January 15, 2016

Leading in the Second Half: The Nonprofit Opportunity

Leading in the Second Half: Commentary by David L. Simms, former Partner at The Bridgespan Group, for the MetLife Foundation/Civic Ventures New Face of Work Survey.

Commentary by David L. Simms, former Partner at The Bridgespan Group, for the MetLife Foundation/Civic Ventures New Face of Work Survey.
The demographic trends challenging the whole American workplace are fairly well known. A recent issue of Fortune magazine cites the U.S. Bureau of Labor Statistics projection that between the years 2002 and 2012 the number of 35-44 year-olds in the labor force will decline by 3.8 million, while the number of available 55-64 year olds will increase by 8.3 million.
In fact, Ken Dychtwold, president of Age Wave, figures that businesses must roughly double the number of older employees over the next decade. He says, “The managers trying to move everybody in their fifties out the door are taking their companies off a demographic cliff.”
At the same time, consider the data in the nonprofit sector: Thirty-five percent of California executive directors surveyed in a CompassPoint study indicated that they expected to leave their positions within two years. A United Way of New York City survey found that almost half of executive directors would retire in five years! The implications are staggering. Who will succeed these talented, experienced people?
Bridgestar, a nonprofit organization dedicated to attracting, developing, and connecting senior leadership and board talent into and within the nonprofit sector, is looking for answers. We are committed to bringing the skills and experience of all talented individuals to bear on our pressing social needs and challenges. Most of our talent-sourcing efforts are targeted toward engaging mid-career (as opposed to midlife) leaders and promising “aspiring” leaders. However, we believe that older workers represent a rich talent pool for executive and management roles in U.S. nonprofits. We simply cannot afford to overlook this potential.
On the other hand, if the systems to connect nonprofits seeking senior leaders with any talented people are largely non-existent – and, historically, this has been the case – then individuals in midlife may find it all the more difficult to find their niche without support.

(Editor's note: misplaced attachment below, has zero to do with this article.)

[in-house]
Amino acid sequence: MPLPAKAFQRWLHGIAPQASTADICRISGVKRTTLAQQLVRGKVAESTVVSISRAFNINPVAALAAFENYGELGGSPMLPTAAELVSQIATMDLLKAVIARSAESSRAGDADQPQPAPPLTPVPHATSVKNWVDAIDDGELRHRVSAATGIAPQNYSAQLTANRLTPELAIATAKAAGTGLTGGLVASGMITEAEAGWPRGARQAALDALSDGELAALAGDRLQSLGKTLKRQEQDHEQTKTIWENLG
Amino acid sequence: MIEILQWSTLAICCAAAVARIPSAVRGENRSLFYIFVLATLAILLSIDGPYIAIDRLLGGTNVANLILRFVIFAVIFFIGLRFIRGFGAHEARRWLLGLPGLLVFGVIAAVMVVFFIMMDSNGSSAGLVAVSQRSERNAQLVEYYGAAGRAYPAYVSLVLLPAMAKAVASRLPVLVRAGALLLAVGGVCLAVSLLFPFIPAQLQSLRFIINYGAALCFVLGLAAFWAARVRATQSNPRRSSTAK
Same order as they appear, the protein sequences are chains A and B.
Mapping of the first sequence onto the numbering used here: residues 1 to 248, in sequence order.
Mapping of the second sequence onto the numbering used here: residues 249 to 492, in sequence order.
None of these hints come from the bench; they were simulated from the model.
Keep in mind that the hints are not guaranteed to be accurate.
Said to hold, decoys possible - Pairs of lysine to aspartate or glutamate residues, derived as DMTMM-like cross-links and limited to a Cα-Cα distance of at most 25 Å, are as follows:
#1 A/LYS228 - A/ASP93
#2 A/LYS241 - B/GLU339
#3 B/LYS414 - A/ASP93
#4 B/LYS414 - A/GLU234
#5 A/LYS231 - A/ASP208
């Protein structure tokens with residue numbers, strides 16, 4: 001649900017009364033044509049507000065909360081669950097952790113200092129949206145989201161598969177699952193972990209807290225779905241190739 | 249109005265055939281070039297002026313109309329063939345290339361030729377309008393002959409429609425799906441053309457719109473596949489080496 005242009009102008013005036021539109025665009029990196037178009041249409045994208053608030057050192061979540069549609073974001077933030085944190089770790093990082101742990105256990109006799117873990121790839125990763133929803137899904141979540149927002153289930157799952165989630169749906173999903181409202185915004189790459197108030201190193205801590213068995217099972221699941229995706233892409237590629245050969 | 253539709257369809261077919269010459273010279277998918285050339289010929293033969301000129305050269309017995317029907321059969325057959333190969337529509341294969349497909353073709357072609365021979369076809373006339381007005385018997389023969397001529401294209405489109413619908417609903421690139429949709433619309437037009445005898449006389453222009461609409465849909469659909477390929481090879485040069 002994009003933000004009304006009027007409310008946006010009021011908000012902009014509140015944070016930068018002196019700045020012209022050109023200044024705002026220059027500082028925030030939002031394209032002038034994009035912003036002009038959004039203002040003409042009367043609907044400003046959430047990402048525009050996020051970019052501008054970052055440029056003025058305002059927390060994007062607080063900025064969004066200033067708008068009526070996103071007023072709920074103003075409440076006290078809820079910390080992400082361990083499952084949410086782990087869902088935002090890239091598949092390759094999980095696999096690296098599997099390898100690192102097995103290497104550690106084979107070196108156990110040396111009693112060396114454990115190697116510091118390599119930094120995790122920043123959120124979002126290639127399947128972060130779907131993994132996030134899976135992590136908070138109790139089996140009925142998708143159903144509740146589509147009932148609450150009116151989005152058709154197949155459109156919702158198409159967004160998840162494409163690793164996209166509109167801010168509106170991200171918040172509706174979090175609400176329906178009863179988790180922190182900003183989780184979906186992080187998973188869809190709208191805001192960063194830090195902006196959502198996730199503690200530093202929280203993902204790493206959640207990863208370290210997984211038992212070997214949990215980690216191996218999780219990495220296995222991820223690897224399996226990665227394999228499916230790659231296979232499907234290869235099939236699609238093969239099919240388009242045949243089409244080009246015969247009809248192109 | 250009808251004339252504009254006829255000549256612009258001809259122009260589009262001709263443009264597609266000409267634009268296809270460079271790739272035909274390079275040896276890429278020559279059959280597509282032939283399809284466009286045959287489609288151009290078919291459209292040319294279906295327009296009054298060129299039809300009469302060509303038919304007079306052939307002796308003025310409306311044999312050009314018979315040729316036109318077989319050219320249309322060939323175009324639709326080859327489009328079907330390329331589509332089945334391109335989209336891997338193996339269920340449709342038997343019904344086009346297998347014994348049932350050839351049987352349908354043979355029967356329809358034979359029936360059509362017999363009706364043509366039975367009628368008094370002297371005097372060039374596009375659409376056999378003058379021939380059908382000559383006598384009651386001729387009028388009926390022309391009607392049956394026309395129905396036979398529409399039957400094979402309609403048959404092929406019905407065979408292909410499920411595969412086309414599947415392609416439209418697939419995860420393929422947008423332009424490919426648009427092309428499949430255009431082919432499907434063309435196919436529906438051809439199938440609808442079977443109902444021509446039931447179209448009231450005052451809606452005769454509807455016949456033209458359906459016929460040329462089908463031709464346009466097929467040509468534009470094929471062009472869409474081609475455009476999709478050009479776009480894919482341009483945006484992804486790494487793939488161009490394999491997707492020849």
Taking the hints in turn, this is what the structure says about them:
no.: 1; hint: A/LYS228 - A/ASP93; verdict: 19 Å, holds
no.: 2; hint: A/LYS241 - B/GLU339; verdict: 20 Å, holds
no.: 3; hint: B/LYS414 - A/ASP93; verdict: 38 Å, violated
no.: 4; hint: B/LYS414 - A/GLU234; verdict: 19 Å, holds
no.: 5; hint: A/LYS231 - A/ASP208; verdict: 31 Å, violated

Some ask: Can older people lead organizations effectively? Of course they can. The Bridgespan Group is privileged to work with numerous organizations whose senior leaders are, indeed, “seniors.” It is interesting to note that many, if not most, are the founders of the organizations they lead. All are very active – and they’re very invested in the success of their organizations, putting in long hours and continuing to work their Rolodexes.
While this may not be all that unusual, the kind of commitment of time and energy involved in founding and leading an organization would not necessarily be attractive to most so-called prospective retirees. In fact, MetLife Foundation/Civic Ventures New Face of Work Survey shows a significant cohort of seniors with a desire to work in organizations with strong social missions, but with a corresponding desire for flexibility and less-than-full-time work.
For this reason, among others, we are beginning to explore a new kind of work model, whereby organizations that need executive-level talent for specific functions – but not full-time – might be able to take advantage of a pool that could conceivably include men and women 50-plus, as well as women re-entering the workforce and others not interested in working full time. Part-time work is of course not new, but creating an infrastructure to support talent-matching for part-time workers in the nonprofit sector may well be.
With more and more individuals pursuing multiple, or sequential, careers, there may be a unique opportunity before us. We need to pursue it – but at the same time we must be sensitive to the needs of both employees and employers. To do so will require an education process. It will require flexibility and creativity. It may require that we develop new models, and perhaps new ways of defining work, that we have not considered before.

Creative Commons License logo
This work is licensed under a Creative Commons Attribution 4.0 International License. Permissions beyond the scope of this license are available in our Terms and Conditions.